Safety is our major concern for several reasons.

Even the multicopter is not a manned aircraft, which would endanger it's passengers, a crash could not only cause property damages but also injure individuals on the ground. A free falling copter would release lots of energy in the vertical way and a direct copter approach with it's spinning propellers on a person could cause considerably injuries. This is, why we have the clear rule not to fly manoeuvres we can not guarantee a safe procedure. We know, that there are competing drone providers saying "Everything is possible" We don't claim to do everything. Even if this may not seem to be satisfying for our customers on the first view, we kindly ask our customers to consider what might be the result of an accident. Of course any incident would be our responsibility, but if it would turn out later, that an accident has been caused by a clients claim to fly certain unsafe manoeuvres, it could become an issue for the customer as well. At least such an incident would cause some pretty bad media coverage, which probably would be worse, the bigger the company is. Just consider the headline "cameradrone by tv station X caused crash with severe injuries..."
We also do not approach restricted airspaces like airspaces Delta without ATC clearance. For that reason we always work with ICAO maps to make sure we don't fly into restricted arias without permission. Such operations are generally possible, they just might take some more preparation or just a call to the right number in advance.
As we mentioned above, unfortunately the downside of the steadily improved UAV technology is, that there is many people buying a drone, getting trough a weekend training course and start flying. Some of them are even trying to use toy drones to offer a "professional" service. We see the upcoming issue of more restrictive laws, caused by such unnecessary incidents and kindly ask our customers to consider safety as well. So we can be sure steadily to improve breathtaking aerial filming together.

The following points belong to our workflow and guarantee the safest possible process:

  • Our pilot is holder of a PPL A pilots licence with a well trained basic understanding of weather, aerodynamics, technology and airspace structure. These points invariably apply for remote controlled aircrafts, too.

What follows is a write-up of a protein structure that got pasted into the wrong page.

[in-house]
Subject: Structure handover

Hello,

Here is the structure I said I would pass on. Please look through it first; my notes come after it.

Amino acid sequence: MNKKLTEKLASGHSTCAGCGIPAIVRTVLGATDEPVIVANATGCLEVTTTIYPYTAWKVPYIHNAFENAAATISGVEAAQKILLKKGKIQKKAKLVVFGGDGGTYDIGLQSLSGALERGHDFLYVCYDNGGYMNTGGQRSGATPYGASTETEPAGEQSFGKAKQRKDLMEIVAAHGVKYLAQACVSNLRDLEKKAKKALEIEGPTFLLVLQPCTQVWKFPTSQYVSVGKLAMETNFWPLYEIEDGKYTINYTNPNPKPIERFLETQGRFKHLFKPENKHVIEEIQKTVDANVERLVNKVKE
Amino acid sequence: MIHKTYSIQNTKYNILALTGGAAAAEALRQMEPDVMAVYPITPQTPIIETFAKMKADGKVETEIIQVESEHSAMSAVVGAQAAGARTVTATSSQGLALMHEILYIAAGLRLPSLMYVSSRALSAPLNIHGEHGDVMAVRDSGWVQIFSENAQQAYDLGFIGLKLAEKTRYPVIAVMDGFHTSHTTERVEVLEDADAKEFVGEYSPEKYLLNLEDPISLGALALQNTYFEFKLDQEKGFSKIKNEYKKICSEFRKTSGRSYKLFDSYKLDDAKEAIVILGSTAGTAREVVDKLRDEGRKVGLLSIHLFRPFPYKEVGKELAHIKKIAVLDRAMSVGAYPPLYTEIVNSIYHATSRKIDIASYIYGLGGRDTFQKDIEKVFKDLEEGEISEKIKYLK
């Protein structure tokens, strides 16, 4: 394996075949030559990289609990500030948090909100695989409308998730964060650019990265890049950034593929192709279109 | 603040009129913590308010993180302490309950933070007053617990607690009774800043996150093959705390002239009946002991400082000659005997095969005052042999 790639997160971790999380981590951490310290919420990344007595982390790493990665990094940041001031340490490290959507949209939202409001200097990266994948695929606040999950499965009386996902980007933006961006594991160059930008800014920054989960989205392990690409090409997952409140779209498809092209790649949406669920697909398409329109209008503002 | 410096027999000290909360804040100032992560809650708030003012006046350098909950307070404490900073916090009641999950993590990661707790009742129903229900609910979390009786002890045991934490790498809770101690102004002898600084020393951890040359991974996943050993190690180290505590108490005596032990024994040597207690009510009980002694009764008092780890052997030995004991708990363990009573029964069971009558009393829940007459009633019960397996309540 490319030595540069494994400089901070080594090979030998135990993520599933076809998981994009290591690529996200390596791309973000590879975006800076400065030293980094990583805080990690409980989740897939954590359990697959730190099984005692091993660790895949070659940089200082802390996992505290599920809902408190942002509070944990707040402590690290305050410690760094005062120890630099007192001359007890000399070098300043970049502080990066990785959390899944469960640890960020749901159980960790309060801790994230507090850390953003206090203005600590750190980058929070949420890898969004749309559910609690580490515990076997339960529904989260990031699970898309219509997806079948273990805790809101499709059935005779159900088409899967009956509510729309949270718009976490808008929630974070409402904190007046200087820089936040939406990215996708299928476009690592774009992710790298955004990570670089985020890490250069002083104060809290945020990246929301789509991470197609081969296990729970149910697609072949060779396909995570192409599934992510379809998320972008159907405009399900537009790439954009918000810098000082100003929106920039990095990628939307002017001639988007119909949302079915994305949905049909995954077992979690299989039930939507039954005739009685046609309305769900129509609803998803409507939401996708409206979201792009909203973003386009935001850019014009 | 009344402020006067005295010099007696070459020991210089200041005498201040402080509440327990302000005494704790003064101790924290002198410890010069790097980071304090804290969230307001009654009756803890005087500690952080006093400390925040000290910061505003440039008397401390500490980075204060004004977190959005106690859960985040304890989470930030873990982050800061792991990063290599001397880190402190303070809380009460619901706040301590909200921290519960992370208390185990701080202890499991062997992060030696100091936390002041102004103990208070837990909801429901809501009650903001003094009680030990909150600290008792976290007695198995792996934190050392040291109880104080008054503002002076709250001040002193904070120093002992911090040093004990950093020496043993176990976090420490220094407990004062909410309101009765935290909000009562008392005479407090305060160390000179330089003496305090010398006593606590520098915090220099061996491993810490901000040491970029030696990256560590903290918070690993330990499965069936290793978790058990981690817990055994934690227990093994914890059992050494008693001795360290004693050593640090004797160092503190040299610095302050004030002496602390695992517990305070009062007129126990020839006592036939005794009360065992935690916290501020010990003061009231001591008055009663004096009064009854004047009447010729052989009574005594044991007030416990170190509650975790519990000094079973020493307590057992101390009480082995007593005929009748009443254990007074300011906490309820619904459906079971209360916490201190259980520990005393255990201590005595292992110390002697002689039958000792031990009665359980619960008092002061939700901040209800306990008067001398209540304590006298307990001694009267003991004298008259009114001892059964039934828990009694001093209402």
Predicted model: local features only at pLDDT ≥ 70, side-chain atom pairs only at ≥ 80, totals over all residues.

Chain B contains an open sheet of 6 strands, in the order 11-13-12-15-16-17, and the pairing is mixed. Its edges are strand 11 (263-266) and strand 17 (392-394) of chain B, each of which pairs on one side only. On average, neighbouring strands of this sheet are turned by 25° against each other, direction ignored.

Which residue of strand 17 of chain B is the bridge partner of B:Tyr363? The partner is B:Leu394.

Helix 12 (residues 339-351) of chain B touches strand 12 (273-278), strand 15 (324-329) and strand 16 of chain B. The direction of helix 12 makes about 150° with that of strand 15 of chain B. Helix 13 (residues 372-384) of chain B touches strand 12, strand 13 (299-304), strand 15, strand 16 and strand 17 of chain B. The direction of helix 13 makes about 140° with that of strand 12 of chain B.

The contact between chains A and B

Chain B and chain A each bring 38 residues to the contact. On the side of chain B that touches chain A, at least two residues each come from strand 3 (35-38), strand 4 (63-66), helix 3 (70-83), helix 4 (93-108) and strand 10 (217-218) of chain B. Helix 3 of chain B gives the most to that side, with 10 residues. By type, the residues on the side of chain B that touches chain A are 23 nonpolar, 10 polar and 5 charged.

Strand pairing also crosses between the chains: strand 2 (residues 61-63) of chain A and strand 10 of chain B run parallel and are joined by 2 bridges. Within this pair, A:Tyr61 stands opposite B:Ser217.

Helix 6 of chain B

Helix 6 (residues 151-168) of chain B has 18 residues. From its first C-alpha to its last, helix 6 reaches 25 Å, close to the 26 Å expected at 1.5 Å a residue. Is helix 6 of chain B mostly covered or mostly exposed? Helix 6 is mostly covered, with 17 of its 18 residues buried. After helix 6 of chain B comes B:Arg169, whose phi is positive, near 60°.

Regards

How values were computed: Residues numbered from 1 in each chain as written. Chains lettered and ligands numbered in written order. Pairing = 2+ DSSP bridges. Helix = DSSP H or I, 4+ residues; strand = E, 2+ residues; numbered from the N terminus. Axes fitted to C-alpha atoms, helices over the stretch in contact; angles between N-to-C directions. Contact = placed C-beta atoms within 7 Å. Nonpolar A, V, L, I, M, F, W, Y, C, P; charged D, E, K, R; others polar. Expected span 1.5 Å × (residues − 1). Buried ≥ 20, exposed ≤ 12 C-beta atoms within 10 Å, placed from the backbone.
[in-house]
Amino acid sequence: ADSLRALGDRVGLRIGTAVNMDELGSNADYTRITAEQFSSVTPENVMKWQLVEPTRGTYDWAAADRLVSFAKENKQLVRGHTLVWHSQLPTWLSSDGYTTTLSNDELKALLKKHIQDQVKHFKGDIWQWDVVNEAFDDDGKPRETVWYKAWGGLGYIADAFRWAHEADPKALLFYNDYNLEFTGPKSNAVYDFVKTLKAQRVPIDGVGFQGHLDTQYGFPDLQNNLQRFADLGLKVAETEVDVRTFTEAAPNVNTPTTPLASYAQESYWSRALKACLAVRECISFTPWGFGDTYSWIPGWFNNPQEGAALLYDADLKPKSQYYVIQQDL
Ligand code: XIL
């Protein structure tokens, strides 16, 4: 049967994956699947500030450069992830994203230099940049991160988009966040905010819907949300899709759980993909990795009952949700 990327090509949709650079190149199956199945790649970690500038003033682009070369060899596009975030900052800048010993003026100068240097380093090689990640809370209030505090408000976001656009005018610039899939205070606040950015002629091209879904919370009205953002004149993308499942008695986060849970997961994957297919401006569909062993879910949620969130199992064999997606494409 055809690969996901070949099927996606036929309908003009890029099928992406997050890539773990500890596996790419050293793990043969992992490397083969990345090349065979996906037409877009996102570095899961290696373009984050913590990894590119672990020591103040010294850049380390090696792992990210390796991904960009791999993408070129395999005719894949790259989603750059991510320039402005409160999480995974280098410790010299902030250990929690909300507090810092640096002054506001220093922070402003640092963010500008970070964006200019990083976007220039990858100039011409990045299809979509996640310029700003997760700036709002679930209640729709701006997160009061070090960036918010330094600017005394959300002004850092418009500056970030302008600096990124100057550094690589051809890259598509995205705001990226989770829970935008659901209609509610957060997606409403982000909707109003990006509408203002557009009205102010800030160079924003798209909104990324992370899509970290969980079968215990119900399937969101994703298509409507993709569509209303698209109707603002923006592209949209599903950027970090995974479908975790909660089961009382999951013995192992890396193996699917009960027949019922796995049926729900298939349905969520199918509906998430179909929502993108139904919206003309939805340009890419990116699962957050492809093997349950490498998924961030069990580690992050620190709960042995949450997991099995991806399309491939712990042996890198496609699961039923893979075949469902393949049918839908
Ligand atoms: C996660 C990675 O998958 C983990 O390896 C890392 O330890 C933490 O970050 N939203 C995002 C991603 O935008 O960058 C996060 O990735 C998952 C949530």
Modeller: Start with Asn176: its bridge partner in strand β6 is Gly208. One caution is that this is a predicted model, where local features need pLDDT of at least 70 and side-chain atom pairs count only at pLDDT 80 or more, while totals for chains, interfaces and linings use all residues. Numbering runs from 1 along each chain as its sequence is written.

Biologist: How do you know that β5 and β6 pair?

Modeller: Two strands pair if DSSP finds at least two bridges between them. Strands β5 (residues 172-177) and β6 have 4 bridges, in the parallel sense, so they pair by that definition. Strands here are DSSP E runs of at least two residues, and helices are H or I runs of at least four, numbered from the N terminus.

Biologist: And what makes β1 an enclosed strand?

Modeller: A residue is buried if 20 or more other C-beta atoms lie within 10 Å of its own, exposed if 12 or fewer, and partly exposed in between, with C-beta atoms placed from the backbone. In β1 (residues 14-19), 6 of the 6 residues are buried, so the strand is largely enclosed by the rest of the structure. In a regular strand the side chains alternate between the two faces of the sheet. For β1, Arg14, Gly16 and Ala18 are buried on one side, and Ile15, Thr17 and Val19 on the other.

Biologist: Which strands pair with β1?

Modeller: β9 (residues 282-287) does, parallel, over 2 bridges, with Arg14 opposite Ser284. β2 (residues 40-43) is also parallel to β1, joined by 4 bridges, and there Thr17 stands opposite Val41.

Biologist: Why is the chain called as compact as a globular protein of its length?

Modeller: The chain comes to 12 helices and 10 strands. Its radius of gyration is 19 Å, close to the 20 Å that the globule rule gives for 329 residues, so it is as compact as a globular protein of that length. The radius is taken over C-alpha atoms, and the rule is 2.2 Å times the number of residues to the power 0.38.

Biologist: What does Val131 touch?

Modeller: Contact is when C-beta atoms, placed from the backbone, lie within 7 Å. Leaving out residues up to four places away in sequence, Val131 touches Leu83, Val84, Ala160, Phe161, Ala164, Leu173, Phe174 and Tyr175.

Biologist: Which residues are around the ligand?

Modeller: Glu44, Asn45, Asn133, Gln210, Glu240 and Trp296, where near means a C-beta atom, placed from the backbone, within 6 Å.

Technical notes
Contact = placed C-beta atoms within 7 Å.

• Our pilot has been flying remote controlled helicopters with more then 2000 flights. RC helicopters are much more demanding to fly but generally have the same controls like a drone.
  • We fly with a telemetry system reporting all parameters of the aircraft to the pilot. We don't need to make a guess how much battery power is left or which altitude we are hovering.
  • We carry out a lot of documentations about the aircraft, batteries and operating conditions. This makes us able to register variations before a failure occurs.
  • Most Drone people meanwhile should offer a real failsafe. Anyway - in the unlikely event of a transmitter failure our octocopter returns to the take off point and lands autonomously. For obstacle situations we can programme a safety return altitude.
  • We do fly the copter far below it's performance limit. This limit has been evaluated in several test flights. So we know that the machine has the ability to land safely even with six motors and can compensate downwashes very well.
  • We do a technical check prior every flight. Every two flight hours all essential parts get a separate check.
  • Our latest idea for more safety: We evaluate the performance limits and durability of the essential parts. In aviation every single part has a defined durability. This is still not conventional or mandatory for remote controlled aircrafts, yet. Because nobody knows about the disabilities of motors, propellers and controllers being used in multicopters, we are just preparing test facilities to figure them out. We have just tested the loading capacity of the carbon propellers being used on our videocopter.

How close we can approach obstacles and / or individuals depends on the range between the copter and the pilot. Certain wind conditions may require a higher safety distance in certain directions. We always make sure to define such mission very strictly before we take of. Crowds must not be overflown by law, so we don't do it - that does not mean we can not operate the octocopter on major events ! We just define certain air lanes in advance. For the unlikely event of a copter crash we make sure, the copter does not fall on peoples heads.

If you have any questions or doubts regarding your "flight ideas" just let us know. We'll probably find a safe way to get the pictures you want.